I think you are going to have to think about this seriously, especially having undergone surgery - you would not want to have to repeat that.

As disappointing as it sounds, personally I would put the MN before the dancing, and I don't see there is much option. This means resting it and stopping that constant pressure. I would start the serrapeptase together with resting it as much as possible, until it has completely disappeared.

It may be worth asking your doctor whether it is common for it to return after surgery, and also ask Robert Redfern for further advice.

Good luck Judy and I hope it recovers soon.
Ann:)

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 16-02-2012 12:31:37 PM
Kim
Kim
From: United States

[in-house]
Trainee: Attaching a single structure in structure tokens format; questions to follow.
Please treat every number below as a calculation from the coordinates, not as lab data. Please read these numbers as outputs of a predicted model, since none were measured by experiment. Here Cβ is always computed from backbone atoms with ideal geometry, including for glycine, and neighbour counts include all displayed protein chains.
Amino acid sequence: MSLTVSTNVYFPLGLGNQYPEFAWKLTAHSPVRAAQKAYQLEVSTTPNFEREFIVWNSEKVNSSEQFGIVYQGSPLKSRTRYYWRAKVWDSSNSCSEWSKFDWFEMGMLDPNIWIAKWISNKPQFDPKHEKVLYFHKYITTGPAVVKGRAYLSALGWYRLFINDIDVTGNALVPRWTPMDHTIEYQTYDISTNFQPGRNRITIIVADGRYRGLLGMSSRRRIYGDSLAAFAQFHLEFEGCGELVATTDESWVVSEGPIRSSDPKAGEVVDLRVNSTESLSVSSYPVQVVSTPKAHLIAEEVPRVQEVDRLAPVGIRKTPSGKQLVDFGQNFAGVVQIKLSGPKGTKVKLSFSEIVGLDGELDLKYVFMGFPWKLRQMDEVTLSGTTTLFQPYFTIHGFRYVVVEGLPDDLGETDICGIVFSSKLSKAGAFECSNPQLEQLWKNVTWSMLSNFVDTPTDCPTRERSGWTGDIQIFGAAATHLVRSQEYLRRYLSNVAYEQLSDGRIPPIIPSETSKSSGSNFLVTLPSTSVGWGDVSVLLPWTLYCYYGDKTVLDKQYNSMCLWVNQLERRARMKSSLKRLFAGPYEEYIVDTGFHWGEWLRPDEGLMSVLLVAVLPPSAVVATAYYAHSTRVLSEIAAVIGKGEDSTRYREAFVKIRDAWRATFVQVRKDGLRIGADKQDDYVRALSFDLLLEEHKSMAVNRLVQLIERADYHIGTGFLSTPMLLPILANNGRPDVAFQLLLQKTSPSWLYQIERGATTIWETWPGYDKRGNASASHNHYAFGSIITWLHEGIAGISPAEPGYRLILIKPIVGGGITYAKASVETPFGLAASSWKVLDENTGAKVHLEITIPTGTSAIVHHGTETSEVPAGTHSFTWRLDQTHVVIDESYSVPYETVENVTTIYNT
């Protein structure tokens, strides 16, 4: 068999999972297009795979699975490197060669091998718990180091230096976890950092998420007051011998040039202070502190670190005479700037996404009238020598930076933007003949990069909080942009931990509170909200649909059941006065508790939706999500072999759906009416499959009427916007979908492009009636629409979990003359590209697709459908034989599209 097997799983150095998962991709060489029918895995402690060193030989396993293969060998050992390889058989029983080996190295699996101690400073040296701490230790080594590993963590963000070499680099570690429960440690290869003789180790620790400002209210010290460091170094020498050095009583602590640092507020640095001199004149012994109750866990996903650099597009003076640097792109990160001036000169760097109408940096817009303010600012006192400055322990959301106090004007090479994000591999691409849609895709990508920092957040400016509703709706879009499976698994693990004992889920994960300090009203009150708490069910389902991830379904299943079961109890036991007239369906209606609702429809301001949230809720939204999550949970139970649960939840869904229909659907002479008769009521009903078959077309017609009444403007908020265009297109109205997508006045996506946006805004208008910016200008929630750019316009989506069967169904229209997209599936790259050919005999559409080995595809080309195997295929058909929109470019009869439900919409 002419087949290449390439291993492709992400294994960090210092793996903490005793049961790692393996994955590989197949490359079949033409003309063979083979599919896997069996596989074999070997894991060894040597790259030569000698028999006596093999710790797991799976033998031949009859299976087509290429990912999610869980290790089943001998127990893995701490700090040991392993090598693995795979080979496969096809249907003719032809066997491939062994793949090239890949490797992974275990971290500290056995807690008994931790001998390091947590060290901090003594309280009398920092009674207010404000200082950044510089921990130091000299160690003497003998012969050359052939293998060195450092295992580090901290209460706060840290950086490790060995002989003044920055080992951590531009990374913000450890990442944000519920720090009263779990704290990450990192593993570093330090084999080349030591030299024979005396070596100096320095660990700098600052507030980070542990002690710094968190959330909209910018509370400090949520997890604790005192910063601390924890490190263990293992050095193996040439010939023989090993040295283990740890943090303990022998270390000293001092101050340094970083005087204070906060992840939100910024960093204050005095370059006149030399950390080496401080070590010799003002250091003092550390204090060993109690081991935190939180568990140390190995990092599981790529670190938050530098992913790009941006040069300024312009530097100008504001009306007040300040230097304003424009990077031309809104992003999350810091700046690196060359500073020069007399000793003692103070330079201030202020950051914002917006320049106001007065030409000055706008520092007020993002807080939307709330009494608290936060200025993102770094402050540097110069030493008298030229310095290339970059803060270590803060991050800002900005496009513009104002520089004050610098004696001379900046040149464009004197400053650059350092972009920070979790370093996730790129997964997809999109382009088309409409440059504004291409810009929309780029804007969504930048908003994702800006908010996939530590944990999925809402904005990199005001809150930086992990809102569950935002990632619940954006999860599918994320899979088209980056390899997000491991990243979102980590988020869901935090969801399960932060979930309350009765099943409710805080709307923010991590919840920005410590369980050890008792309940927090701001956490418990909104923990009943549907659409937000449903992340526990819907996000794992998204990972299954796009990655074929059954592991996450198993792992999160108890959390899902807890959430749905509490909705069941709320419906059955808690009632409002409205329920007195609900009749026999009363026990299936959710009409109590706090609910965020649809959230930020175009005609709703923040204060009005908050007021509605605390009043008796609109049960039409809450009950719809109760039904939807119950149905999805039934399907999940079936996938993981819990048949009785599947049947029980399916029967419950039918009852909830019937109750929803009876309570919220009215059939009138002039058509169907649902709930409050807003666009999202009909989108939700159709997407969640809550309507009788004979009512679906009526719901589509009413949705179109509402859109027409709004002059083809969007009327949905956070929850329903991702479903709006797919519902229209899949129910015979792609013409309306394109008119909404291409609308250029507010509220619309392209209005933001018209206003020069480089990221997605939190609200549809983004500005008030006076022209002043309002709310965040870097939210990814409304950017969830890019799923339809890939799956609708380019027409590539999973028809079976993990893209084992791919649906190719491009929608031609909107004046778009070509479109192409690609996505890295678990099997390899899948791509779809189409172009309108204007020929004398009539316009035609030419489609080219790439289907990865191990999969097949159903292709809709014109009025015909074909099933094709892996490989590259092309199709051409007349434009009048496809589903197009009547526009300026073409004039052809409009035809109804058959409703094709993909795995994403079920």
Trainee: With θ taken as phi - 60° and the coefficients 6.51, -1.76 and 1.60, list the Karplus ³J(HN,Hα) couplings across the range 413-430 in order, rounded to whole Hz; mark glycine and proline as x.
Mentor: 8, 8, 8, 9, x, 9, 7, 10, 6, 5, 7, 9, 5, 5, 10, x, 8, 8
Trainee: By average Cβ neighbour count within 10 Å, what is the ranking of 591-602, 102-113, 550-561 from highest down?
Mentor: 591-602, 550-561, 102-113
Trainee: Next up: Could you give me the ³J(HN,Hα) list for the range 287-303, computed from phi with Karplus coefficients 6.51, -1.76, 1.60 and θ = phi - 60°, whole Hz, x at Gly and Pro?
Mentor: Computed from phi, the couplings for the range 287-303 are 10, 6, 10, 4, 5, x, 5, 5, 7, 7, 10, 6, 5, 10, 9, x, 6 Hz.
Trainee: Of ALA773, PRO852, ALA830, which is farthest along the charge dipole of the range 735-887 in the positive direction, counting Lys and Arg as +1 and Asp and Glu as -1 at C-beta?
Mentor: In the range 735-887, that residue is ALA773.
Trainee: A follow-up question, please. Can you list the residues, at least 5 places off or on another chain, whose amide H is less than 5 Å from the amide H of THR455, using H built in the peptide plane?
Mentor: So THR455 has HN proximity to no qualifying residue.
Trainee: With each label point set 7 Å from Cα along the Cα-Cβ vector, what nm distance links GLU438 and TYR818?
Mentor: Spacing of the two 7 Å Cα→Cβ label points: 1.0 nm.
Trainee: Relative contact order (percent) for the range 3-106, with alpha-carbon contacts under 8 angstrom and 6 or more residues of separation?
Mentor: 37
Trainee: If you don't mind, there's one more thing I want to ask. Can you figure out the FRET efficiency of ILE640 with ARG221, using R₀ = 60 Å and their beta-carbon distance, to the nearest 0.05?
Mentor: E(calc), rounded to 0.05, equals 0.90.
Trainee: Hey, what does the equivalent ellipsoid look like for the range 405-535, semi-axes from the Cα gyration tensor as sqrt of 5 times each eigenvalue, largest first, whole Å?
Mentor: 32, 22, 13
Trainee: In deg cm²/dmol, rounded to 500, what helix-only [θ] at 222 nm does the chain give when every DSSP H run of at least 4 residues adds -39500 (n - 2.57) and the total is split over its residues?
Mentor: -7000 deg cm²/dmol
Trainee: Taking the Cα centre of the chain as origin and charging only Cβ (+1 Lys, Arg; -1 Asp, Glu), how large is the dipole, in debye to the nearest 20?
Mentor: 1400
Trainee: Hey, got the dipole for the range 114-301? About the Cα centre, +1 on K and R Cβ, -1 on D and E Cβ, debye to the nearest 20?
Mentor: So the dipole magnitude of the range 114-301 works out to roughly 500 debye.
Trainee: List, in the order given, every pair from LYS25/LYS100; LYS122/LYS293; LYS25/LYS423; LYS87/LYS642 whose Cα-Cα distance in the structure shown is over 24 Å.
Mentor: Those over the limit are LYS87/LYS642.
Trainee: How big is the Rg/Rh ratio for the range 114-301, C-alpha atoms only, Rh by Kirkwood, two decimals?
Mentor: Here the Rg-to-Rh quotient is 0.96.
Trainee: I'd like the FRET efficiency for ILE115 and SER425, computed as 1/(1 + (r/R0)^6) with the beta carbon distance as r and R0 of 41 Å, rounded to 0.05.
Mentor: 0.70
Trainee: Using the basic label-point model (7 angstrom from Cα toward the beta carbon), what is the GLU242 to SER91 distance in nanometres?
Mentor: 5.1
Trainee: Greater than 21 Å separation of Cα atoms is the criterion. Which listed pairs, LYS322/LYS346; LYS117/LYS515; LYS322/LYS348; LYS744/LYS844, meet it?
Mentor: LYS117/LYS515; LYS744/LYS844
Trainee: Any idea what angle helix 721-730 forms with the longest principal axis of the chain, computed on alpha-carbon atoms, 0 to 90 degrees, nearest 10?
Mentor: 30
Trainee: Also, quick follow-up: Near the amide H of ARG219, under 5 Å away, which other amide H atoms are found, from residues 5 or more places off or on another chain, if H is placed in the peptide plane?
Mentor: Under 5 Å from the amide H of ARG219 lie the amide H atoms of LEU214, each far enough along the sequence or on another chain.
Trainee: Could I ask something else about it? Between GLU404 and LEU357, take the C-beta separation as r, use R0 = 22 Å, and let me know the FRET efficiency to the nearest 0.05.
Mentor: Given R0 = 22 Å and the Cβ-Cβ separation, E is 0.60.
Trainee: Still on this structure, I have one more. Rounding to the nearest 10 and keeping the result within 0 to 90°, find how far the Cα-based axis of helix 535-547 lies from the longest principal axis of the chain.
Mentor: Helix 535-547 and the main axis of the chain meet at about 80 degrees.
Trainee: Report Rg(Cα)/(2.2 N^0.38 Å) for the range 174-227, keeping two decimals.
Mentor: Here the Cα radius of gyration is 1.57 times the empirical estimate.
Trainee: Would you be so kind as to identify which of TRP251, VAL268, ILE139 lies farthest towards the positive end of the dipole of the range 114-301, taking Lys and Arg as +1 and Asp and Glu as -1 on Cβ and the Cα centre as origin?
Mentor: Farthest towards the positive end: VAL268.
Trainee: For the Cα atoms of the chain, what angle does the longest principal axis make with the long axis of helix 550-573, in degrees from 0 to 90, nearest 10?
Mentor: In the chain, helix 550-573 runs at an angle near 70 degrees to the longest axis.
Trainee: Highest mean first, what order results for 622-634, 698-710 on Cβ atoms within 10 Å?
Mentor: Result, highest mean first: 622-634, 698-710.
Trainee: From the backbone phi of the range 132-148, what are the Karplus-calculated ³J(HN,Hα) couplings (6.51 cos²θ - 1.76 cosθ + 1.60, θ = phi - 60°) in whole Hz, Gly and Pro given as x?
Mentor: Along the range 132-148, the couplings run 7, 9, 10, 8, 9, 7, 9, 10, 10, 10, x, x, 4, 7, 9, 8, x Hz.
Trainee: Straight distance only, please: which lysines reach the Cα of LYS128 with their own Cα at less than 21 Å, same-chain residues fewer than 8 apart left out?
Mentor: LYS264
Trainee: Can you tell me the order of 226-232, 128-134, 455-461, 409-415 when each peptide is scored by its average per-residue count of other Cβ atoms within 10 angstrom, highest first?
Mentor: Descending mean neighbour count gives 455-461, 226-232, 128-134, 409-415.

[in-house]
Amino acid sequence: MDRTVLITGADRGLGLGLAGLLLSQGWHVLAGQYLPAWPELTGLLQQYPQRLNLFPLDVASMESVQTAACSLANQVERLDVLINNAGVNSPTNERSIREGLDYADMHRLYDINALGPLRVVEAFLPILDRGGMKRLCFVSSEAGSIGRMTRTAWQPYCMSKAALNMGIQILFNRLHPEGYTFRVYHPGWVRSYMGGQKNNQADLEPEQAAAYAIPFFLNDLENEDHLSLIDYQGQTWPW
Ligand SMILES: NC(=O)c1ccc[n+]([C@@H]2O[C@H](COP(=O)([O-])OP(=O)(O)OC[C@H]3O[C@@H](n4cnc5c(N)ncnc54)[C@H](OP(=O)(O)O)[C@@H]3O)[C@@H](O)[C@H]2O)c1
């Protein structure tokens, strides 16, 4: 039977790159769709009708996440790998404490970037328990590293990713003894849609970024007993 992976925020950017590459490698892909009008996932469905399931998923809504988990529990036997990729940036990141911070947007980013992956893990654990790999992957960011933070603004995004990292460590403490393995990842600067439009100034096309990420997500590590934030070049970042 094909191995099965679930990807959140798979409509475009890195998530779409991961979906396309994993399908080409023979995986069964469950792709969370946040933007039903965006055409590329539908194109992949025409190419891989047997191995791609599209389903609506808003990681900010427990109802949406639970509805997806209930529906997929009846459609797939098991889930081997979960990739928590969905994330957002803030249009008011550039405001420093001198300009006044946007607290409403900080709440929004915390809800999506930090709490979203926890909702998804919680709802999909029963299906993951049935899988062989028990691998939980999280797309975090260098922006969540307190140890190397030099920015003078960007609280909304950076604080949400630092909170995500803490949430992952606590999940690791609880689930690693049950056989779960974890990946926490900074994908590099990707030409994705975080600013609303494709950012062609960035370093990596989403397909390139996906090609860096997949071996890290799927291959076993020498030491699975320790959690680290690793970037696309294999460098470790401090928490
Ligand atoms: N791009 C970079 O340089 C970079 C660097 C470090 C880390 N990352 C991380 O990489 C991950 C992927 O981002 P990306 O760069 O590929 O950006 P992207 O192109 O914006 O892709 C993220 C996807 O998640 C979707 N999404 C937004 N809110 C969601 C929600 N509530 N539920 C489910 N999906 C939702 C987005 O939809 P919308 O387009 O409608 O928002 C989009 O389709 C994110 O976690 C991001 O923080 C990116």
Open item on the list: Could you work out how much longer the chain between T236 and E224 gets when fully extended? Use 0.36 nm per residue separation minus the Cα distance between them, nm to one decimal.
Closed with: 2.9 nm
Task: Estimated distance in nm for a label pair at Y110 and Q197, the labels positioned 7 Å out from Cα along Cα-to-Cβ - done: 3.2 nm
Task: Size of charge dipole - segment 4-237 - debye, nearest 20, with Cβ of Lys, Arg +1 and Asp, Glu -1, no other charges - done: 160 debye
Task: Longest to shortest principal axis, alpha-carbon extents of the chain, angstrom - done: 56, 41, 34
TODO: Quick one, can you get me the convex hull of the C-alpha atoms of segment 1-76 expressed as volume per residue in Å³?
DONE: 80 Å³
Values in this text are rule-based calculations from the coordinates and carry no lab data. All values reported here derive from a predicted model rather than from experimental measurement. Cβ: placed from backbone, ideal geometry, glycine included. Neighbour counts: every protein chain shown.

I just found this site today. I am a very active person and was diagnosed with a MN about 2 years ago. Also, in January of 2010, I was diagnosed with breast cancer. I underwent treatment - chemo, surgery & radiation and am now cancer free. However, I am taking an aromatase inhibitor drug for the next 5 years to keep the cancer at bay. The problem is this. During chemo, I developed RA and this drug I'm now on makes those symptoms worse. I have RA in my toes and hands and wrists. I have been active since I was a child - track team, volleyball, tennis, hiking, backpacking and frequent my local gym at least 4 days/week - doing step aerobics, kickboxing, yoga, etc, and I also walk my dog daily after I take my son to the bus stop in the morning.